As a result, the finish is neat and durable.
Jackets and skirts without linings usually use this method.
Put the bias tape around the raw edge and stitch through all layers, enclosing the raw edge. It is recommended to place commercial bias tape underneath the fabric on the side that is wider.
A contrasting or matching bias tape can also be made yourself.
Seams that are pinked are the simplest to finish. Using pinking shears, the seam allowance should be trimmed away as little as possible. There is no hardwearing version of this version. It works best on wool and polyester fleece.
The edges can be trimmed with pinking shears after machine stitching 1/4 inch from the seam.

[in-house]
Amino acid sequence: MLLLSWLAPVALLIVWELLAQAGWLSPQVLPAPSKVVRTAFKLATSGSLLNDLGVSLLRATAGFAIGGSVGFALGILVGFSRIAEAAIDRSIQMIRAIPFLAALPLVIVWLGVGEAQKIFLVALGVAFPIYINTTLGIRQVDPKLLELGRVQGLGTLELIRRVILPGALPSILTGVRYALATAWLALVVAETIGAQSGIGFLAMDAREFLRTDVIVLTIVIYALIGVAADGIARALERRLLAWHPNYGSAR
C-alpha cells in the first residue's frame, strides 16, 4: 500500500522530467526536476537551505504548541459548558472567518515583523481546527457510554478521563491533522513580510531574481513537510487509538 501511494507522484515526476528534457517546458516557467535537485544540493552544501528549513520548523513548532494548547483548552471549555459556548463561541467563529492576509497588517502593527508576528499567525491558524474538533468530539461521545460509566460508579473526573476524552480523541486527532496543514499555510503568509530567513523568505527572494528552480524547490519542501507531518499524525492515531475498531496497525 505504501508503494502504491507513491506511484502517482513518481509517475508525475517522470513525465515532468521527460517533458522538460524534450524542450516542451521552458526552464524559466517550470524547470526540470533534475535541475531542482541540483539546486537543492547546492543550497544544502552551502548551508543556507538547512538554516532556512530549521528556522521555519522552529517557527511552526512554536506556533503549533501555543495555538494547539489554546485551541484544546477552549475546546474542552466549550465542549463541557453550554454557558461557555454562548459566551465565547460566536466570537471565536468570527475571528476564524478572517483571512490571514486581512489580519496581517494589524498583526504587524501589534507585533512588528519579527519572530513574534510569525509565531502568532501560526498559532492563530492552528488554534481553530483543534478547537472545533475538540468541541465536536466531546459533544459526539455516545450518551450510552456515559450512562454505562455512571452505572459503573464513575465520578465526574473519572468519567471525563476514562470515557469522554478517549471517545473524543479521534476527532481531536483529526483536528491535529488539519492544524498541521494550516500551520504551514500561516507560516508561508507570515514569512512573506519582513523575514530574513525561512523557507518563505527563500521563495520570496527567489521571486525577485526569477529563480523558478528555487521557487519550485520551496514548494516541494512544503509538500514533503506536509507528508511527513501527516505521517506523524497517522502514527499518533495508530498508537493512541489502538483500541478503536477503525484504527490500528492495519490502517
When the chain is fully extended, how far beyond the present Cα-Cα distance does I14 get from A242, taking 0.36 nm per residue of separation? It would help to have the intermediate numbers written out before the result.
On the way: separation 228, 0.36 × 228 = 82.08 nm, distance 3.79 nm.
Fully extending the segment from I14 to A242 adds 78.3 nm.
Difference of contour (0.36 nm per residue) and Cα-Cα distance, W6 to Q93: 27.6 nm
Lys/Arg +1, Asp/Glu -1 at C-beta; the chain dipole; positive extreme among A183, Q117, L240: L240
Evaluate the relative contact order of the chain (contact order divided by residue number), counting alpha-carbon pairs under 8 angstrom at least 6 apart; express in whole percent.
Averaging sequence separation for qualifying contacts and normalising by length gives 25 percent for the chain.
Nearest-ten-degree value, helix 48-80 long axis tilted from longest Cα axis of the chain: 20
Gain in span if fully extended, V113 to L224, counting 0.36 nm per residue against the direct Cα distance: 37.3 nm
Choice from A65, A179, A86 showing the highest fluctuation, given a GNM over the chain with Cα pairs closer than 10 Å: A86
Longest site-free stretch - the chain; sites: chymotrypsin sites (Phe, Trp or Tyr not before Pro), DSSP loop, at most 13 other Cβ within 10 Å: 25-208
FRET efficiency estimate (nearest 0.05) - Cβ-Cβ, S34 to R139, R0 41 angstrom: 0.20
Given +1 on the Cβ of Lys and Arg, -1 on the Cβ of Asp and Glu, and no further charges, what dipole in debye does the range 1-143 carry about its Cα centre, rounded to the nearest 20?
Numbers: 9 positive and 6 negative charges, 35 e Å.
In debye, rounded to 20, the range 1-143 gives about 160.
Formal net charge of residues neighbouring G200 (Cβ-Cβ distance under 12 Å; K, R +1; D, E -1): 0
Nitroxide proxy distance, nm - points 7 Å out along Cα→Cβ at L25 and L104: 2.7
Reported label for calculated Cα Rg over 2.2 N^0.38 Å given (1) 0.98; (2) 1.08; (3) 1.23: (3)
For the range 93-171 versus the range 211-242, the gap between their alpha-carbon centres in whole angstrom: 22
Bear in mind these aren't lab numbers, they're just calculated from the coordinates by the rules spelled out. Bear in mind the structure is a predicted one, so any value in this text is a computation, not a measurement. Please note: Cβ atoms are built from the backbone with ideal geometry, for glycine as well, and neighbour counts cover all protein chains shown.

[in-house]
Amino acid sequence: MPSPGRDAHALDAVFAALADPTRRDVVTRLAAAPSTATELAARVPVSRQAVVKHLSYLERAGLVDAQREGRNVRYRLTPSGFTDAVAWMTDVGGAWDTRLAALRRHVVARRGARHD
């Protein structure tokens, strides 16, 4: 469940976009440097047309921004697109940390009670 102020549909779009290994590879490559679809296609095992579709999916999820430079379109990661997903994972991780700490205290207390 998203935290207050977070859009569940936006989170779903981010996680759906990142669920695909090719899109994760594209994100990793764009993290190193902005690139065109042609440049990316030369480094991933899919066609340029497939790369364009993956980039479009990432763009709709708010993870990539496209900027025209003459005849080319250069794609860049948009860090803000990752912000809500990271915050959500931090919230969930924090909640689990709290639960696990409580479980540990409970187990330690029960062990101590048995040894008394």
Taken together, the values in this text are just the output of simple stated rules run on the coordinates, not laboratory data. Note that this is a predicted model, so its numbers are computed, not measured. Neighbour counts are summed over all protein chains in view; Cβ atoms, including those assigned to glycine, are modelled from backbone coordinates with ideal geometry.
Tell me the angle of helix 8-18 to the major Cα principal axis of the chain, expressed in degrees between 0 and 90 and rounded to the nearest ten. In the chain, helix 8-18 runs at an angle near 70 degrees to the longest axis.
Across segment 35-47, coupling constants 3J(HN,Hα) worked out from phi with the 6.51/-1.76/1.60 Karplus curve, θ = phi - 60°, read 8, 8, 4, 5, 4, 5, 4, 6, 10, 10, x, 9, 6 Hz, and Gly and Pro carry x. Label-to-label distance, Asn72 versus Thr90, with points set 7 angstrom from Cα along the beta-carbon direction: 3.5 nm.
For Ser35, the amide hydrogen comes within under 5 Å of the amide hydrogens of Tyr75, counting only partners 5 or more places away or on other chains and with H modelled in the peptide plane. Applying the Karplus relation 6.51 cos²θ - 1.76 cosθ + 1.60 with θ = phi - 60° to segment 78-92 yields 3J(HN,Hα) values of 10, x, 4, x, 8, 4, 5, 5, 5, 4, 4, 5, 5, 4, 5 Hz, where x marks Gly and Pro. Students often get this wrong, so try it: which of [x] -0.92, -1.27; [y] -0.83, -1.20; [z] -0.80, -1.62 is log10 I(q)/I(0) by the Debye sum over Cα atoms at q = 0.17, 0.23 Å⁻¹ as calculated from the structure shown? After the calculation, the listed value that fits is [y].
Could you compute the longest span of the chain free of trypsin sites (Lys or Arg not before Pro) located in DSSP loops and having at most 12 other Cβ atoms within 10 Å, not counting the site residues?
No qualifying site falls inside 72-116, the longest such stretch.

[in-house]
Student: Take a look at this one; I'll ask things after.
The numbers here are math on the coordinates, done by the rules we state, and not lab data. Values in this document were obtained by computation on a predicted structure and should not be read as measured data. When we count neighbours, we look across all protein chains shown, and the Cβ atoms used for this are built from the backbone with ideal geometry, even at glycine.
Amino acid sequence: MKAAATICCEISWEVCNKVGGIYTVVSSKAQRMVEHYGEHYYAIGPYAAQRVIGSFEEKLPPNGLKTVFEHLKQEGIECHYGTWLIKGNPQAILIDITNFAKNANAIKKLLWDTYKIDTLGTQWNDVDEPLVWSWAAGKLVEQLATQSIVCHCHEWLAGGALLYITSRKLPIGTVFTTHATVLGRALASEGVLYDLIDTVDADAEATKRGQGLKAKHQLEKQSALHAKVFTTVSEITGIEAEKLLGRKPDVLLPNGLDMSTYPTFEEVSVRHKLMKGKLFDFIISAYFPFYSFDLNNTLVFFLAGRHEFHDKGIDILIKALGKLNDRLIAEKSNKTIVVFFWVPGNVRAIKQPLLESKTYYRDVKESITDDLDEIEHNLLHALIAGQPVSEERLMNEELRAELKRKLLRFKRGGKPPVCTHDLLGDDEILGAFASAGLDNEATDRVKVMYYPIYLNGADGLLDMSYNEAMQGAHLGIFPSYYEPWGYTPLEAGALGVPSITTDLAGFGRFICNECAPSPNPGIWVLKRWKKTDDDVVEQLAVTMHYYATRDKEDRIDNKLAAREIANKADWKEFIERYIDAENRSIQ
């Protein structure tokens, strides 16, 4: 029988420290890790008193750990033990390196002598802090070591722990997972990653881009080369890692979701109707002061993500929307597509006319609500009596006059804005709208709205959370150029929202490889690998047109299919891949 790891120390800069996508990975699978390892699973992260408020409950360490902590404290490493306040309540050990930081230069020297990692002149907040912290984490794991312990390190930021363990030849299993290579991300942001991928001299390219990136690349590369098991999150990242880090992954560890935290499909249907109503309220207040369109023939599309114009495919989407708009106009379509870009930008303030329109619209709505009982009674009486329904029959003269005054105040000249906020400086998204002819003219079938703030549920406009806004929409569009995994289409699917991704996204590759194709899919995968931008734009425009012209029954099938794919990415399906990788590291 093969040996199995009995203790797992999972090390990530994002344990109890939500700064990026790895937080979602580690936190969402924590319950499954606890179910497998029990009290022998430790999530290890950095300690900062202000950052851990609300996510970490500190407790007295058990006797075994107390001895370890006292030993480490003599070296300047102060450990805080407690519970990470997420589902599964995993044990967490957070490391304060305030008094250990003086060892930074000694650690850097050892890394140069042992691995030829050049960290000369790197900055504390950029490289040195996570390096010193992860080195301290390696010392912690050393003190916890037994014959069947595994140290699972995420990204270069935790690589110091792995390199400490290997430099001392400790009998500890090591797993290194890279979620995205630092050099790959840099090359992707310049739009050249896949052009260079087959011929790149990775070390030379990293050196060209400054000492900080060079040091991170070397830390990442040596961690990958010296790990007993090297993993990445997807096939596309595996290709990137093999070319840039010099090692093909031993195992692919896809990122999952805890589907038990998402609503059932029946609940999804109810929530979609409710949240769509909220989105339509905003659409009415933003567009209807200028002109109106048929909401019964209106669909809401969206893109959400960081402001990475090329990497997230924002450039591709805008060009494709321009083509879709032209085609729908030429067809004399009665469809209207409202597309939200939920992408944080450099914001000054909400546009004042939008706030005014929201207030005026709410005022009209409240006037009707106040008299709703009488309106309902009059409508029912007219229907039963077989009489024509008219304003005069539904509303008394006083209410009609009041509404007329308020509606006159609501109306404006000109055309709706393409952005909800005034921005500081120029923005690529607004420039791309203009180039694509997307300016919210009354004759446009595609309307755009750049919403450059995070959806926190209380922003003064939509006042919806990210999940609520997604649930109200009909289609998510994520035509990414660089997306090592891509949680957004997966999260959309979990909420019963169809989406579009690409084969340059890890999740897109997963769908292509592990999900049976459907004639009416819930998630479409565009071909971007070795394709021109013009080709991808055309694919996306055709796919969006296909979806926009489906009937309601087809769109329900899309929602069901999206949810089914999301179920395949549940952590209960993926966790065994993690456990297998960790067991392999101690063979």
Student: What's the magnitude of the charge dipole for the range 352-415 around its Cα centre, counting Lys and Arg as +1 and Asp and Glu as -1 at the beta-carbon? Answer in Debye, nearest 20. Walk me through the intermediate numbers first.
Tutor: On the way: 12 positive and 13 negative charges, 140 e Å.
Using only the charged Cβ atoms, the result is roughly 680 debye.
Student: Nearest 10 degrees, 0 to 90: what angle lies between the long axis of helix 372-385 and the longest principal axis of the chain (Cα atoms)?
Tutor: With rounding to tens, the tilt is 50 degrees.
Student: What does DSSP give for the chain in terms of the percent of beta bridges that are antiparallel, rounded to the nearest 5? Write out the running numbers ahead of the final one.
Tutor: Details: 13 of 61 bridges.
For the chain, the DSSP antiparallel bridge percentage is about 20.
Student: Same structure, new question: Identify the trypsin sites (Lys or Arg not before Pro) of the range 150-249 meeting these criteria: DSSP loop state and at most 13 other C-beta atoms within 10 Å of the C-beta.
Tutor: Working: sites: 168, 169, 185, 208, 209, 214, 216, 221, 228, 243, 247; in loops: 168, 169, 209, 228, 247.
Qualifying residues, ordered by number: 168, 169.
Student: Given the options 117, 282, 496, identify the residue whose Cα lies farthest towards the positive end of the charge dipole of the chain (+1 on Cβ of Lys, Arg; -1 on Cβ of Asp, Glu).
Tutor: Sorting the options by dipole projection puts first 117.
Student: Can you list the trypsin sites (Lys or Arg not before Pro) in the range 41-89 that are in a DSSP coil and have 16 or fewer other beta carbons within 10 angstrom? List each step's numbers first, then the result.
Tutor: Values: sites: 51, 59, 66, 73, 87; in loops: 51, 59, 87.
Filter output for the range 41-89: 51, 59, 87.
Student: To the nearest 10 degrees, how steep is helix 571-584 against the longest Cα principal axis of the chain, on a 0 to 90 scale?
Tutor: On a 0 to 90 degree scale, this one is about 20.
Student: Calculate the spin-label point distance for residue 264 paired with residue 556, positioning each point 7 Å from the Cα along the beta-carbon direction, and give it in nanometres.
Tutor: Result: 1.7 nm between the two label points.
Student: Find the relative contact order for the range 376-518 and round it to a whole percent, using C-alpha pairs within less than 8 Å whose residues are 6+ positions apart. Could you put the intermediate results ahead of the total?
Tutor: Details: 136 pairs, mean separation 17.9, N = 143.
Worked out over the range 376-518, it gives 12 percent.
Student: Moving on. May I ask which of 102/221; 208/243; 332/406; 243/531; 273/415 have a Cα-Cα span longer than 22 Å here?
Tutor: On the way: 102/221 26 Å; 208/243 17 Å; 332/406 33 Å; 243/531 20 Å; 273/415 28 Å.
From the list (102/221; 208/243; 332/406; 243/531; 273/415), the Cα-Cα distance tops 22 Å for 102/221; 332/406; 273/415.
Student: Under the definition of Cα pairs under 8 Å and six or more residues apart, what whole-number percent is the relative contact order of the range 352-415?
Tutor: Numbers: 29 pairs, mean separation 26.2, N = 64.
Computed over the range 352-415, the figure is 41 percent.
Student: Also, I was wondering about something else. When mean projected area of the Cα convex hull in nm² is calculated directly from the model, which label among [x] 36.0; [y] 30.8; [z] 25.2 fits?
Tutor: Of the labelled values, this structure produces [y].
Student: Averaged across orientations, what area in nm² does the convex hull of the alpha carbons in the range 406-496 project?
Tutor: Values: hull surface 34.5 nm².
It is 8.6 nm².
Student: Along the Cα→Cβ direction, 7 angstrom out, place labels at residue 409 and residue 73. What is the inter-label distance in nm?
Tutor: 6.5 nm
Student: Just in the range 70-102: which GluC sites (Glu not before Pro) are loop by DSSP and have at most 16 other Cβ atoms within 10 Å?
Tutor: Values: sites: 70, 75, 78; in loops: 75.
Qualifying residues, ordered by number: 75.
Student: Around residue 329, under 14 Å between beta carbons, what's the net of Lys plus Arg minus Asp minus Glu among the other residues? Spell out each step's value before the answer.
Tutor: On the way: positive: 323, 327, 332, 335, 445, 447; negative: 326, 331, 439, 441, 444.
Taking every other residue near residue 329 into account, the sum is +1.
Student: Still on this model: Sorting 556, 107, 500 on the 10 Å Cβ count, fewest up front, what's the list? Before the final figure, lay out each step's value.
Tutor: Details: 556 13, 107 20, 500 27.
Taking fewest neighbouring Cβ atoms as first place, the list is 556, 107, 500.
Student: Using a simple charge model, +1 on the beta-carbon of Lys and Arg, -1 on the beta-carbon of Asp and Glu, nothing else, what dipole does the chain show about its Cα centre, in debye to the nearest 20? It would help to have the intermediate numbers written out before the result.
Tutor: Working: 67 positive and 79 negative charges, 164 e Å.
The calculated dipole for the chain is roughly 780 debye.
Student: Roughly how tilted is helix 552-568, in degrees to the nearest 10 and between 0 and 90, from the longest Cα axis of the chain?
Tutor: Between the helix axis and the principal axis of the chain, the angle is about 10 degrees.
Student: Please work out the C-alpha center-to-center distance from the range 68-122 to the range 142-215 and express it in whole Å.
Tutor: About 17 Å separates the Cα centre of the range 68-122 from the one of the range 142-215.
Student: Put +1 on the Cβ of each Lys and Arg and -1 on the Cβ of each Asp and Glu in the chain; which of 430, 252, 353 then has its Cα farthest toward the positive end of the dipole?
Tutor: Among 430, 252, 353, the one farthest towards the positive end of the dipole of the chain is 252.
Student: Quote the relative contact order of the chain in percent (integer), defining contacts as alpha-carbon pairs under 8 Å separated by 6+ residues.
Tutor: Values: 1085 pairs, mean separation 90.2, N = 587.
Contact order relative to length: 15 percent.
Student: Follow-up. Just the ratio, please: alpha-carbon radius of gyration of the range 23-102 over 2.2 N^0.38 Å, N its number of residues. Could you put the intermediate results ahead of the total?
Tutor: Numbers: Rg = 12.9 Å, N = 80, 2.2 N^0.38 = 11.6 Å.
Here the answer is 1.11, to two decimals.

Small areas or thick fabrics can be finished with a hand overcast seam instead of a zigzag stitch. The raw seam edges should be overcast by hand, taking very loose stitches.
Top stitches create a hard hemline that can be used as a decorative finish or to strengthen seams.
The seams should be pressed open and then stitched on the wrong side. Sometimes a contrasting bobbin thread is used to pink the seam beforehand.
Getting to Know Different Types of Stitches
We’ve covered a lot of stitches so far, but this is just the beginning. In time, you will be able to master even more sewing stitches as you develop your skills.